Ed Miliband seized on the “glaring omission” of the NHS from the Budget as he claimed a Conservative government would oversee “colossal cuts” to spending on public services including hospitals.
He won Labour cheers for a spirited attack on the Coalition’s economic record in which he lambasted George Osborne for unveiling a “Budget which people won’t believe from a Government they don’t trust”.
Opposition MPs had feared that the strengthening recovery could undermine Labour’s pitch at the general election. But Mr Miliband argued that voters, whose salaries have fallen by £1,600 a year since 2010, would be sceptical of the Chancellor’s promises for the future because of his past record. In fiery Commons scenes, he accused the Tories of having a “secret plan” to slash spending and put up the rate of VAT if they win the election in May.
With Labour planning to put the health service at the heart of its election campaign, Mr Miliband described its absence from the Budget statement as “completely extraordinary”.
He said: “Where was that discussion of the health service and public services? I think it is time we looked at the reality of this Government’s spending plans.” He told Mr Osborne: “Because of the massive cuts you have announced, it means there will be colossal cuts planned in defence, in policing, in local government. But they won’t be able to deliver those cuts, so they will end up cutting the National Health Service. That is the secret plan they are not saying today.”
The Labour leader was backed by leading health experts. Ruth Thorlby, senior fellow in health policy at the Nuffield Trust think-tank, said: “This Budget does not give patients and NHS staff any certainty about wider funding plans up to 2020.”
Mr Miliband also claimed that social care spending would be devastated by a Tory administration, piling “unsustainable pressure” on hospitals faced with caring for vulnerable elderly people.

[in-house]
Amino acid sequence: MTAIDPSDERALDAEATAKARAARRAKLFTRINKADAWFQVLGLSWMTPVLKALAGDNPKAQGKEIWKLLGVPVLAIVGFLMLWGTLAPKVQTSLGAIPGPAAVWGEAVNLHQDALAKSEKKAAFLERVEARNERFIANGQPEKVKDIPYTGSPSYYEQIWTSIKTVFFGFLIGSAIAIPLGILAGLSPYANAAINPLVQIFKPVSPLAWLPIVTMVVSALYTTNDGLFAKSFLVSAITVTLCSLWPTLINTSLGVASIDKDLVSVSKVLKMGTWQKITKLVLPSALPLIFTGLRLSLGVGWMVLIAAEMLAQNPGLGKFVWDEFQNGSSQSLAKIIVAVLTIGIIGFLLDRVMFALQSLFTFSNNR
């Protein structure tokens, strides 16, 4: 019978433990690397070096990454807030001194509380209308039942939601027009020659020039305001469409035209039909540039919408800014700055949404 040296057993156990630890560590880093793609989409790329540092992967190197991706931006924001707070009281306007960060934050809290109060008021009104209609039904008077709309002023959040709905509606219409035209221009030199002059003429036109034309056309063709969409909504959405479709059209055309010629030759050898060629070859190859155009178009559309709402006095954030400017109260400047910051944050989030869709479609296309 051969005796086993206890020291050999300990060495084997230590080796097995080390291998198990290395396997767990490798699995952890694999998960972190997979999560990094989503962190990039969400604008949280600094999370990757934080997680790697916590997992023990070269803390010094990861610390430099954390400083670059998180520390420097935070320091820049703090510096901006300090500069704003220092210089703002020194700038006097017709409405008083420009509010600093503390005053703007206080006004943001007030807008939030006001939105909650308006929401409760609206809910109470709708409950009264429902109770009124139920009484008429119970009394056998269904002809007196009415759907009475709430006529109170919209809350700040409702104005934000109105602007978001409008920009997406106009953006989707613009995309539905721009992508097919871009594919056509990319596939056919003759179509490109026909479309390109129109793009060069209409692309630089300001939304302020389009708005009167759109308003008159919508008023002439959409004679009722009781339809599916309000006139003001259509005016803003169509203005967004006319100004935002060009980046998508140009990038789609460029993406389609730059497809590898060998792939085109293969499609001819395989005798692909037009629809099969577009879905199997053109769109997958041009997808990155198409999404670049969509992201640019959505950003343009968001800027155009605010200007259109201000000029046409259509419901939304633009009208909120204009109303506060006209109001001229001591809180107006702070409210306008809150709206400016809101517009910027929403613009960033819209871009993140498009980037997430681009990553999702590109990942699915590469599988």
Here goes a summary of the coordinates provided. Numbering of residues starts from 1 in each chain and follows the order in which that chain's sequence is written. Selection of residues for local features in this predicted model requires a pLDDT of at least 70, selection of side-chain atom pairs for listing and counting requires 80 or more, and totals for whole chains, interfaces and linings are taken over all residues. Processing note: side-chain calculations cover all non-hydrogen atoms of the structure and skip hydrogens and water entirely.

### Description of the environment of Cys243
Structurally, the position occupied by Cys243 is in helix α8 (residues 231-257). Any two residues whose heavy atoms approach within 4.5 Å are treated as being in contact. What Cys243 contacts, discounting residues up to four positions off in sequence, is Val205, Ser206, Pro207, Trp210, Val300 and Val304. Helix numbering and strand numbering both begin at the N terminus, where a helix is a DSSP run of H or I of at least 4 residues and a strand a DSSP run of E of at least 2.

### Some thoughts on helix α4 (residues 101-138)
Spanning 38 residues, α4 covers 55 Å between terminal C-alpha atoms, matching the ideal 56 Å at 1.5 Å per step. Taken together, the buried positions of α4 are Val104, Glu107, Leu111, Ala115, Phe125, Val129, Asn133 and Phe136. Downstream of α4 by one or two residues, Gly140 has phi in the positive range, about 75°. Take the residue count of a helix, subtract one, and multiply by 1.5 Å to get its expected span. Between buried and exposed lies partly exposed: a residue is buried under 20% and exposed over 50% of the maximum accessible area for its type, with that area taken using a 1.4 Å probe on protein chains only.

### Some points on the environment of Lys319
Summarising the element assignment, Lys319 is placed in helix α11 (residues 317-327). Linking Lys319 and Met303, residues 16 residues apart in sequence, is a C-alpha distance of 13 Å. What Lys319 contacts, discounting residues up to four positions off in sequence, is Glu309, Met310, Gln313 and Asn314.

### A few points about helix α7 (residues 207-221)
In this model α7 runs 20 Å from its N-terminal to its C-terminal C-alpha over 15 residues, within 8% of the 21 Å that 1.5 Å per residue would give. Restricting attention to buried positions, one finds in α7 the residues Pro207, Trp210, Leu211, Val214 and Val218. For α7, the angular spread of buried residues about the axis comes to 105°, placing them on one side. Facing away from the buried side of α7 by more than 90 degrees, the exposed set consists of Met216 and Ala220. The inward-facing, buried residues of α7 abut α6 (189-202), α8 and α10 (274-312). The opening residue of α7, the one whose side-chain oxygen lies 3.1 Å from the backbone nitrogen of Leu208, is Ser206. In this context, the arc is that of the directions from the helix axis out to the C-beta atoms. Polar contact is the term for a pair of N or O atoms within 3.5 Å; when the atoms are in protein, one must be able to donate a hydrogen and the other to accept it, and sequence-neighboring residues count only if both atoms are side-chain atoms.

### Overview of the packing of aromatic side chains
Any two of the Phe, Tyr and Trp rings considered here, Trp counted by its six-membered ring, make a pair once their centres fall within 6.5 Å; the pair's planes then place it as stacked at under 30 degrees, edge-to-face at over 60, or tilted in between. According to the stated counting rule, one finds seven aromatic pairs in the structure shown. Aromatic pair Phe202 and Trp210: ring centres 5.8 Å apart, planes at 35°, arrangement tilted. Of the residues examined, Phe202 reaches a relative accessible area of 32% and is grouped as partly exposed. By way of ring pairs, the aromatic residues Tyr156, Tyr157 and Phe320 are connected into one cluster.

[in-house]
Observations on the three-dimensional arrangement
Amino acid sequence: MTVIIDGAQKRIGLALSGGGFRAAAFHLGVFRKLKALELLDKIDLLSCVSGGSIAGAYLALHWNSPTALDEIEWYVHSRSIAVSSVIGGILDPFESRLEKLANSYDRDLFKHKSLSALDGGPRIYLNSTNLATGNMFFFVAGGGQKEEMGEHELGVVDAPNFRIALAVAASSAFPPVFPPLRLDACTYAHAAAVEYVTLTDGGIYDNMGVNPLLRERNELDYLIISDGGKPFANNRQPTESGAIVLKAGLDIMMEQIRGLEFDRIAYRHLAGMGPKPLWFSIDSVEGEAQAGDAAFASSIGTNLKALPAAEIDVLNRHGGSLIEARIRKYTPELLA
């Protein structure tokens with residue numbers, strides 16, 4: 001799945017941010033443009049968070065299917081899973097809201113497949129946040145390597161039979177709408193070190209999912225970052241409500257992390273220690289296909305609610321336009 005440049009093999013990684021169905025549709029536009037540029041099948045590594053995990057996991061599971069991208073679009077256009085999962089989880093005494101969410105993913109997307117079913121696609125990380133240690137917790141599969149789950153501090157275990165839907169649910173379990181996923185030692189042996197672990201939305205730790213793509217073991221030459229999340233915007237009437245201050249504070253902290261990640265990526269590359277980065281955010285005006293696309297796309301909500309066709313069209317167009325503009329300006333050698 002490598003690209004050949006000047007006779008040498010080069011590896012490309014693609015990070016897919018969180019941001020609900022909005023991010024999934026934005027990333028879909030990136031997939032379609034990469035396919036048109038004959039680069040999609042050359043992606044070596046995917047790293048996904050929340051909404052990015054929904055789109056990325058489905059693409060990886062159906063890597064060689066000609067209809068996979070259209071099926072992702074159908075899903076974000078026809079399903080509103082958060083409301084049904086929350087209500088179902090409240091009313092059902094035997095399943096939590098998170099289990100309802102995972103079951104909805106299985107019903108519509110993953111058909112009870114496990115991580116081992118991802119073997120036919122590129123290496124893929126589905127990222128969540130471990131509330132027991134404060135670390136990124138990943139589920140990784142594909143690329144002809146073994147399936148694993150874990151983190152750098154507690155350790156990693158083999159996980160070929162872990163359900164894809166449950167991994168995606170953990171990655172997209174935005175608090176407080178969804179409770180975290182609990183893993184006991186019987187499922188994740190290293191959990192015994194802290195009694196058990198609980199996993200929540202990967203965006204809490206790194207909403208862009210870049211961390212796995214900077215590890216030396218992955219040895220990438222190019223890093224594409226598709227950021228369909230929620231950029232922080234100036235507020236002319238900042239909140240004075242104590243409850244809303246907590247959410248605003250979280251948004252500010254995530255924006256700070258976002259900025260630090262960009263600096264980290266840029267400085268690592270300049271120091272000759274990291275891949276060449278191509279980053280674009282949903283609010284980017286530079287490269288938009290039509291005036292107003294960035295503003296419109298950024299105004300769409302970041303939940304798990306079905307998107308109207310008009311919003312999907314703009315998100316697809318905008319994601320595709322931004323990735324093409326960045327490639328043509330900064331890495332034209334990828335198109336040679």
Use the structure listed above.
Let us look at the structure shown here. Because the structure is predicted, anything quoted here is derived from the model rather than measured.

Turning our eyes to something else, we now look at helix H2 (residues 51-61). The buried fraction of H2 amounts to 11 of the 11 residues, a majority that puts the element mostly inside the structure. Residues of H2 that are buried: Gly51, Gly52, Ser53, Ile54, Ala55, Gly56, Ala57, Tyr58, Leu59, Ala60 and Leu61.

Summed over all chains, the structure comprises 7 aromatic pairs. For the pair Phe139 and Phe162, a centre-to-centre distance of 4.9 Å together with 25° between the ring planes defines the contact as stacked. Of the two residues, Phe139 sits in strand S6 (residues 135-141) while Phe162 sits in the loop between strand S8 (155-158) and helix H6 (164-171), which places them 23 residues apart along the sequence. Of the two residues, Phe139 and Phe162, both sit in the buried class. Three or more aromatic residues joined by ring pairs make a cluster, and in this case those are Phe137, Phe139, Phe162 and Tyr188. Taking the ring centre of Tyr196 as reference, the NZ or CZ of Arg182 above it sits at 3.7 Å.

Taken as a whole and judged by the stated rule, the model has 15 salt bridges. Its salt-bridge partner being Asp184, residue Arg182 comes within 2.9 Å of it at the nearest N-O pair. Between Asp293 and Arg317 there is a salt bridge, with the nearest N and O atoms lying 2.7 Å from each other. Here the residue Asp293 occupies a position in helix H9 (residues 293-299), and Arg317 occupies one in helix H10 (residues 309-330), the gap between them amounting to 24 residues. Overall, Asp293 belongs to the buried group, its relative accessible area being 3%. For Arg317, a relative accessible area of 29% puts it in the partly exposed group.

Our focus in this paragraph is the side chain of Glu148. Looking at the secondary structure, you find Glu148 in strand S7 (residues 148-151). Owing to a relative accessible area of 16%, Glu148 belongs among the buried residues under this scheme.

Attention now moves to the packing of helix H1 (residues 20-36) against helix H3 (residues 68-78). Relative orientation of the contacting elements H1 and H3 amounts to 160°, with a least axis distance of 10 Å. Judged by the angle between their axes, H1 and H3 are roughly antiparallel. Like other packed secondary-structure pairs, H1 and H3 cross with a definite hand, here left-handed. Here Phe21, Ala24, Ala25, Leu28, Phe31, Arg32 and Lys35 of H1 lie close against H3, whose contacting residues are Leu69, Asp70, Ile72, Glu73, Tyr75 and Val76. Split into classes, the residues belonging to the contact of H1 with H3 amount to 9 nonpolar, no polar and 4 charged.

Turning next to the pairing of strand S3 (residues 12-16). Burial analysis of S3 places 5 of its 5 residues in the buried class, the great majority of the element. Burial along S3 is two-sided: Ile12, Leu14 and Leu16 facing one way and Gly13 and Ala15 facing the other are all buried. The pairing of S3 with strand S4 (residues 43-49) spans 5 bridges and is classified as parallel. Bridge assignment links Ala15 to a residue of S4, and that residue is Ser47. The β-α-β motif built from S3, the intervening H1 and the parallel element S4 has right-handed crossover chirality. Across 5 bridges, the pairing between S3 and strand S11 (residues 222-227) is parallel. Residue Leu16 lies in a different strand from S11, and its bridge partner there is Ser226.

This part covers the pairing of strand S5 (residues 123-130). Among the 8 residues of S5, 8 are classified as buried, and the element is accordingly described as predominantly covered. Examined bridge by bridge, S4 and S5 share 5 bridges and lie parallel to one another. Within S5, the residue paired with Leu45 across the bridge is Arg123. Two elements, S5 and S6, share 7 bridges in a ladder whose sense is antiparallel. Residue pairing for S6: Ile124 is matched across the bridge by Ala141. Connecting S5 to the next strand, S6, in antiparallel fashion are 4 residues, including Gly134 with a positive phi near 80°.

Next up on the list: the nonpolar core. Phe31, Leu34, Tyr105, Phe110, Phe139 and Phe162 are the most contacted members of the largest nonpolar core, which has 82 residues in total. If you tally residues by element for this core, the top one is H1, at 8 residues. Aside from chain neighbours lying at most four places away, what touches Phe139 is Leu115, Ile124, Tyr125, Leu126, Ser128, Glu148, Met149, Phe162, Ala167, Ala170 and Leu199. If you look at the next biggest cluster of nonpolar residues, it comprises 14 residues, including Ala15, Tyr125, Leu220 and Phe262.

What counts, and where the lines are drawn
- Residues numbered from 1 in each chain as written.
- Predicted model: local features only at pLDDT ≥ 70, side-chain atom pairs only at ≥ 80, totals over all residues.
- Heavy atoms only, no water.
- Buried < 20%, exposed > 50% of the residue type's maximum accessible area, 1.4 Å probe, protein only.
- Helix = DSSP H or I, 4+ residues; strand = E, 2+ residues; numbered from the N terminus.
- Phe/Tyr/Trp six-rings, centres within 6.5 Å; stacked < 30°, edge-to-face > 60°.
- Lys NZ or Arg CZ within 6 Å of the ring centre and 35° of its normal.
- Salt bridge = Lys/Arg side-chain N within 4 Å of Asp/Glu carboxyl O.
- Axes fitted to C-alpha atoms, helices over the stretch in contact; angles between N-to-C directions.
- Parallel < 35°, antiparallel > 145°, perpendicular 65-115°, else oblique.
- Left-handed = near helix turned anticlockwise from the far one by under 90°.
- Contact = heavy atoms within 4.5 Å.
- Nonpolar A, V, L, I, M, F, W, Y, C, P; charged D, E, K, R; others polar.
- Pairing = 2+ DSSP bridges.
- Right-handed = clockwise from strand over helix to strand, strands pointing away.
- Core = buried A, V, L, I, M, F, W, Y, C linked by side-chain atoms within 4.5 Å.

He hit back at jibes by David Cameron and Mr Osborne over the disclosure that he has two kitchens in his home in north London. “No one is going to take lectures on fairness from the Trust Fund Chancellor and Bullingdon Club Prime Minister,” he retorted.
The Labour leader went on to ridicule Mr Osborne’s claim to be a “friend of the North”, arguing that council budgets in the area had suffered 75 per cent bigger cuts than in the rest of the country.
He said more working families in the North-west had seen their tax credits cut than in any other region and 25 times more money had been spent on transport in London than in the North-east.
After quoting Labour council leaders criticising the Coalition’s record, he said: “For the interest of balance, I would have liked to have quoted a Conservative leader of a Northern city.
“But there aren’t any and with these two in charge, there never will be either.”
Mr Miliband said a Labour Budget would create a progressive tax system, reverse tax cuts for millionaires, introduce a mansion tax to fund the NHS and scrap the “vindictive and unfair” so-called bedroom tax. He told MPs that the party would reduce tuition fees to £6,000 a year, increase the minimum wage to £8 an hour and take tough action on climate change.
“We know the choice at the election – we have seen five years of falling living standards, young people paying the price of hard times, an NHS going backwards.”
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